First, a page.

avoid unpleasant feelings. Anything that will distract them from unpleasant
feelings is their friend. They do a picture of reframing because that’s
oftentimes just a way of being psychologically invasive of what’s happening in the moment. And for sevens, it’s very difficult to slow
down. The difference is, they’re not as fixated
on the work as the feeder in which they are going to prove themselves necessarily. They just love new adventures in any area
of life. So the other night I was in California. I was with a guy who is a billionaire from
China, it was a dinner and I’ve never met a seven like this in my entire life. I was like, “Oh my gosh, I’m in a room
with a poster child of all sevens. This is the most amazing thing I’ve ever…” He can’t stop talking about new wines, new
trips, new vacations, the new motorcycles, the new this. Just everything was about the new, the new
escapade. And he never stopped smiling the whole night,
it was stunning. Now interestingly, at the table, he knew what
I did for a living and he was an intellectual like most sevens, very curious, really curious. So we had an audience, about eight of us around
the table and we got talking about the Enneagram and he said “I’m not afraid of my feelings
at work.” “Well, I’ll tell you what, if I took you
to an island right now with nothing on it except you and me” I said “in about two
or three days, you would start to feel a backlog of all kinds of feelings, anxieties and fears
that you have been out of touch with. If I just took away all the wine and all the
motorcycles and the houses and the bars and the jets, trust me you’d become just like
the rest of us. You would have to start getting in touch with
stuff that you didn’t even know was there because you’ve been moving so fast for so
long.” If you’re an eight, eights can learn. But they’re bulldozers not diplomats. They have to learn that they are so intense. They carry so much energy that it’s intimidating
and overwhelming to the vast majority of people. They actually exude a lot of anger, it radiates
them often. It’s right beneath the surface, you can
just feel it. When they’re unhealthy they have a sort
of menacing feeling about them actually being unhealthy. I once heard of someone say, they were talking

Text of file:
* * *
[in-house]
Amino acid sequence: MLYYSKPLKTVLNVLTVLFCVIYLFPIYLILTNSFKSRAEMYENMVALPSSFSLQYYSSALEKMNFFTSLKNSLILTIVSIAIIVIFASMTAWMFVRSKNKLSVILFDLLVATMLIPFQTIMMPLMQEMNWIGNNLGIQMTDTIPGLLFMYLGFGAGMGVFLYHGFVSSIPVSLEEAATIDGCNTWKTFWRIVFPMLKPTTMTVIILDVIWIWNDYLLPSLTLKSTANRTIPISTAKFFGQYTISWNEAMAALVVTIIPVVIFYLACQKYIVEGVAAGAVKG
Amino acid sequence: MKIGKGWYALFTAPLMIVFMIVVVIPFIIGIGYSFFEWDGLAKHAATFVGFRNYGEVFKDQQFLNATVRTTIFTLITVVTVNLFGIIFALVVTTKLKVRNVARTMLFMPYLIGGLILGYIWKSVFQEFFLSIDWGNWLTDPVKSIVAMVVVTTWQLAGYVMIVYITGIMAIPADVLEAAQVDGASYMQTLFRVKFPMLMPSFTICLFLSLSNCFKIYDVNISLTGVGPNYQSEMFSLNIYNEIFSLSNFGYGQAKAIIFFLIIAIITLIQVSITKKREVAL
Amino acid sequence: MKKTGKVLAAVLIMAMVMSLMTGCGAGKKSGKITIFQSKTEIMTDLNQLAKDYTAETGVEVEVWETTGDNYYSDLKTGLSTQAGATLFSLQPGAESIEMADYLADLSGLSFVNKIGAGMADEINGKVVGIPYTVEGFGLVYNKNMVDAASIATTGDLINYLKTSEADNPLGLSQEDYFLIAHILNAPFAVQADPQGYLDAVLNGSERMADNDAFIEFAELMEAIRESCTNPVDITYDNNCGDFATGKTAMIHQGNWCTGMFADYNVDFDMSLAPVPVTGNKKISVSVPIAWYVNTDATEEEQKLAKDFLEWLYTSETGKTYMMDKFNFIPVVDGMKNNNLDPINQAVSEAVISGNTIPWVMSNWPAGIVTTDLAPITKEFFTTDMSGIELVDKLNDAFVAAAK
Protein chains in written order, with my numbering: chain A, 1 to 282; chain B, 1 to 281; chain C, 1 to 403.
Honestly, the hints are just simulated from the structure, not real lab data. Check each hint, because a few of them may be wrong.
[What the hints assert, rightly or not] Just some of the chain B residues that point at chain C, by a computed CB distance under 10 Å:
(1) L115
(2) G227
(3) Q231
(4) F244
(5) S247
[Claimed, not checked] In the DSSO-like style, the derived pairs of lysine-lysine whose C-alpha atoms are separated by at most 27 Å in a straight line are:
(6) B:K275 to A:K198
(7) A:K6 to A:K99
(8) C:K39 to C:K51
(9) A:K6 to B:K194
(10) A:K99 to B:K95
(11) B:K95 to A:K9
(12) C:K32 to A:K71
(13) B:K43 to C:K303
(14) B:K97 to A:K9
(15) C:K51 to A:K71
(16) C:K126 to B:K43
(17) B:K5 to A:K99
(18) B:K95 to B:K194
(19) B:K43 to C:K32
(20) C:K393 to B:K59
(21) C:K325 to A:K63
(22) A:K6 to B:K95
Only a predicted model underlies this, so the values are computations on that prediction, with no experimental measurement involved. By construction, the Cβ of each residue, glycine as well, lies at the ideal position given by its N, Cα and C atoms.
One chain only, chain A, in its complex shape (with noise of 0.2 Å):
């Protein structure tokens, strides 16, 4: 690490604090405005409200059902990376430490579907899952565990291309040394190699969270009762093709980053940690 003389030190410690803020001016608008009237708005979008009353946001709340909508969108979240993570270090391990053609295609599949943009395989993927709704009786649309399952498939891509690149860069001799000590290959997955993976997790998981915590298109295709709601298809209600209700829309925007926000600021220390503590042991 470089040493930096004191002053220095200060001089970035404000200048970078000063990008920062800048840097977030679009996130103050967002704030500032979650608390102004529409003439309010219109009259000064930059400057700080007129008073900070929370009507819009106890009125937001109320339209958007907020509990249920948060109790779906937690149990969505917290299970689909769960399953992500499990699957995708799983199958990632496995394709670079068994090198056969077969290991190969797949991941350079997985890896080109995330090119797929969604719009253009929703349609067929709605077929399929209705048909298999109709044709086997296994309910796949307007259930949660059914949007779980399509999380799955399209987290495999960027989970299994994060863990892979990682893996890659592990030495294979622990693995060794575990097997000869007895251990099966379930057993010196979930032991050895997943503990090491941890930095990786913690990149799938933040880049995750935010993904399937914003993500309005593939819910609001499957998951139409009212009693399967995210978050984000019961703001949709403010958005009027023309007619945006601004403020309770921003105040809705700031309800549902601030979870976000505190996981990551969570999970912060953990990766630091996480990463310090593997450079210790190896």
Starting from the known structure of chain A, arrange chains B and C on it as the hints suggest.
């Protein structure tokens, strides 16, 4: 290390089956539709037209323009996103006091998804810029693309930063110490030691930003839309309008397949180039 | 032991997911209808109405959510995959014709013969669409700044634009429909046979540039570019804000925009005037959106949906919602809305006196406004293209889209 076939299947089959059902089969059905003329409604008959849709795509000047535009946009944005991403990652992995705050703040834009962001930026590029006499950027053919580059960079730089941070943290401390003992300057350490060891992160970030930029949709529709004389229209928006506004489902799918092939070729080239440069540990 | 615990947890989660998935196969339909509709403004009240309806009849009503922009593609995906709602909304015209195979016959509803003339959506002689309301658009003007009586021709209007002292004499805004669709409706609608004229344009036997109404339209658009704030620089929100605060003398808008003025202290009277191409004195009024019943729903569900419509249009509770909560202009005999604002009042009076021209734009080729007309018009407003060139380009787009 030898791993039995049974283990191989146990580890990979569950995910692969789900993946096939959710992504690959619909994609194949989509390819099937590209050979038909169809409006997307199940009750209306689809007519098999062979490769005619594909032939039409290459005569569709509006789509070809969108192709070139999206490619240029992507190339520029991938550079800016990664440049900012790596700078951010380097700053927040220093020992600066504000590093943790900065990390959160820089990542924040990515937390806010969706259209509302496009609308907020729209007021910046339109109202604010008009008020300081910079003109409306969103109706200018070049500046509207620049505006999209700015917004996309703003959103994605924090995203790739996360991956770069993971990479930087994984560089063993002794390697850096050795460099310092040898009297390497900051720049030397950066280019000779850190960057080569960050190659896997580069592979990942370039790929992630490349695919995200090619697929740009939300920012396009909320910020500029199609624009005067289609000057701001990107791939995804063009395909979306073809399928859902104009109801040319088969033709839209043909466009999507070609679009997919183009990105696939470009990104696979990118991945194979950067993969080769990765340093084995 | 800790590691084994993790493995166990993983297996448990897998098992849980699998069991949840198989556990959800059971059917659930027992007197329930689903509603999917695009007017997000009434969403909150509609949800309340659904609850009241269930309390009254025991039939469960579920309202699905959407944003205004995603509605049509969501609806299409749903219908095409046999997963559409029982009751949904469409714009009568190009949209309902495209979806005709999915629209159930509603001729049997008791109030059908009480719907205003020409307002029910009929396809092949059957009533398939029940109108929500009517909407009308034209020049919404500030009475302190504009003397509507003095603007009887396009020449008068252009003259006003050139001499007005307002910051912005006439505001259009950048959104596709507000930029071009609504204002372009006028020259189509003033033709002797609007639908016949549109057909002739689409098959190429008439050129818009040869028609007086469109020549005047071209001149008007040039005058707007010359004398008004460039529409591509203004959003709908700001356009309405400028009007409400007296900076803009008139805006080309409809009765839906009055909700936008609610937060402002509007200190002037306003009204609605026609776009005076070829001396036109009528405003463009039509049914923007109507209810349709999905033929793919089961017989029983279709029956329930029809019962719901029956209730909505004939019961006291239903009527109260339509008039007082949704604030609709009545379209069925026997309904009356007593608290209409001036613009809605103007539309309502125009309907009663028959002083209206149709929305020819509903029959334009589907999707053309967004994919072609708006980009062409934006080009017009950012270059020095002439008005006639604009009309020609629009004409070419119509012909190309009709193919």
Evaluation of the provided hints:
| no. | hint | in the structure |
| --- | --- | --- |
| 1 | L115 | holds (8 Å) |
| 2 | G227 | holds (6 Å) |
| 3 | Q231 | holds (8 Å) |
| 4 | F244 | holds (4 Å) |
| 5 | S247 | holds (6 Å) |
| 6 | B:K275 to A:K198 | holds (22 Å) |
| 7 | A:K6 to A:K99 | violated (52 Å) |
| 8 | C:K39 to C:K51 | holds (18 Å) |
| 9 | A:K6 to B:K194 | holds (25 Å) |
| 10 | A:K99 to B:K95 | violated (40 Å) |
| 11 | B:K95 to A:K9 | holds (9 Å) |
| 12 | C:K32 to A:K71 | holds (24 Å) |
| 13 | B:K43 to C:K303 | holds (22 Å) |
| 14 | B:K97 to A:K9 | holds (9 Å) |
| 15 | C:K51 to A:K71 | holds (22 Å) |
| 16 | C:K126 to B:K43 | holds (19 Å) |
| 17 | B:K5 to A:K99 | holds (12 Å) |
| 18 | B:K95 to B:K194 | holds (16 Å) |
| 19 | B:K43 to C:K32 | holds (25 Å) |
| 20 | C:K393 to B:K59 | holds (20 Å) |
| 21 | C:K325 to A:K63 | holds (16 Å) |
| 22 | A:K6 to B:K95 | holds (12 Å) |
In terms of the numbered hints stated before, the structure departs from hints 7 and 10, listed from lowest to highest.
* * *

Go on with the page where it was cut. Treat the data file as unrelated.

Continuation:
about Frank Sinatra and they said, he was a little guy too. This has nothing to do with physical stature. They said, “You could feel Frank Sinatra
walk into a room 15 minutes before he got there.” That’s how much energy he had. It was this sort of intensity. When eights can begin to learn that again,
like ones, their way isn’t the only way, that other people need to be attended to, that
they’re have to be part of the team before they can lead a team, that they need to take
into account the sensibilities of other human beings. Here’s the thing about eights by the way,
unlike threes and sevens sometimes, ones not so much… Eights when they let loose at a party or they’re
just having fun, they bring all the same energy and intensity that they do to work. These are the one’s on intense vacations
and they are wonderful and very powerful leaders. But we all struggle with work in different
ways. Threes, sevens, and eights tend to be such
hard drivers that they get themselves in trouble. Brad: Thanks for sharing that. Alright, buddy. Well are you good to roll on to some rapid
fire questions as we get closer… Ian: Is this the money round? Brad: This is it, man. This is the one. I think you’re good. Alright, so let’s go with the first one. When you hear the word successful, who’s
the first person you think of and why? Ian: Yo-yo Ma, the cellist is the very first
person… if you ever met him, he is the most disciplined, optimistic but not foolishly
optimistic, not Peter Pan optimistic. He, I think, really believes in the basic
goodness of all people and believes in the best about the world but he’s not naïve. I think he’s a remarkable human being. If I get off this by the way in a minute and
I’ll pick up ten others than I think are more but he’s the first place that came
to mind. Brad: I’m just surprised I know who Yo-yo
Ma is. One of my good friends, Ryan, pulled up his
album and it is… Ian: I bet it was The Goat Rodeo. Done here in Nashville. Brad: It was obviously cello but I don’t
know which one. Ian: He is probably the finest cellist alive. Brad: Well now you know Yo-yo Ma, so you just
went way up in my book, man. Not that you weren’t already up there before. Ian: I’m a four. I know about the artist. Brad: What’s your favorite book you’ve
ever read and why? Ian: Maybe Wendell Berry’s Jayber Crow,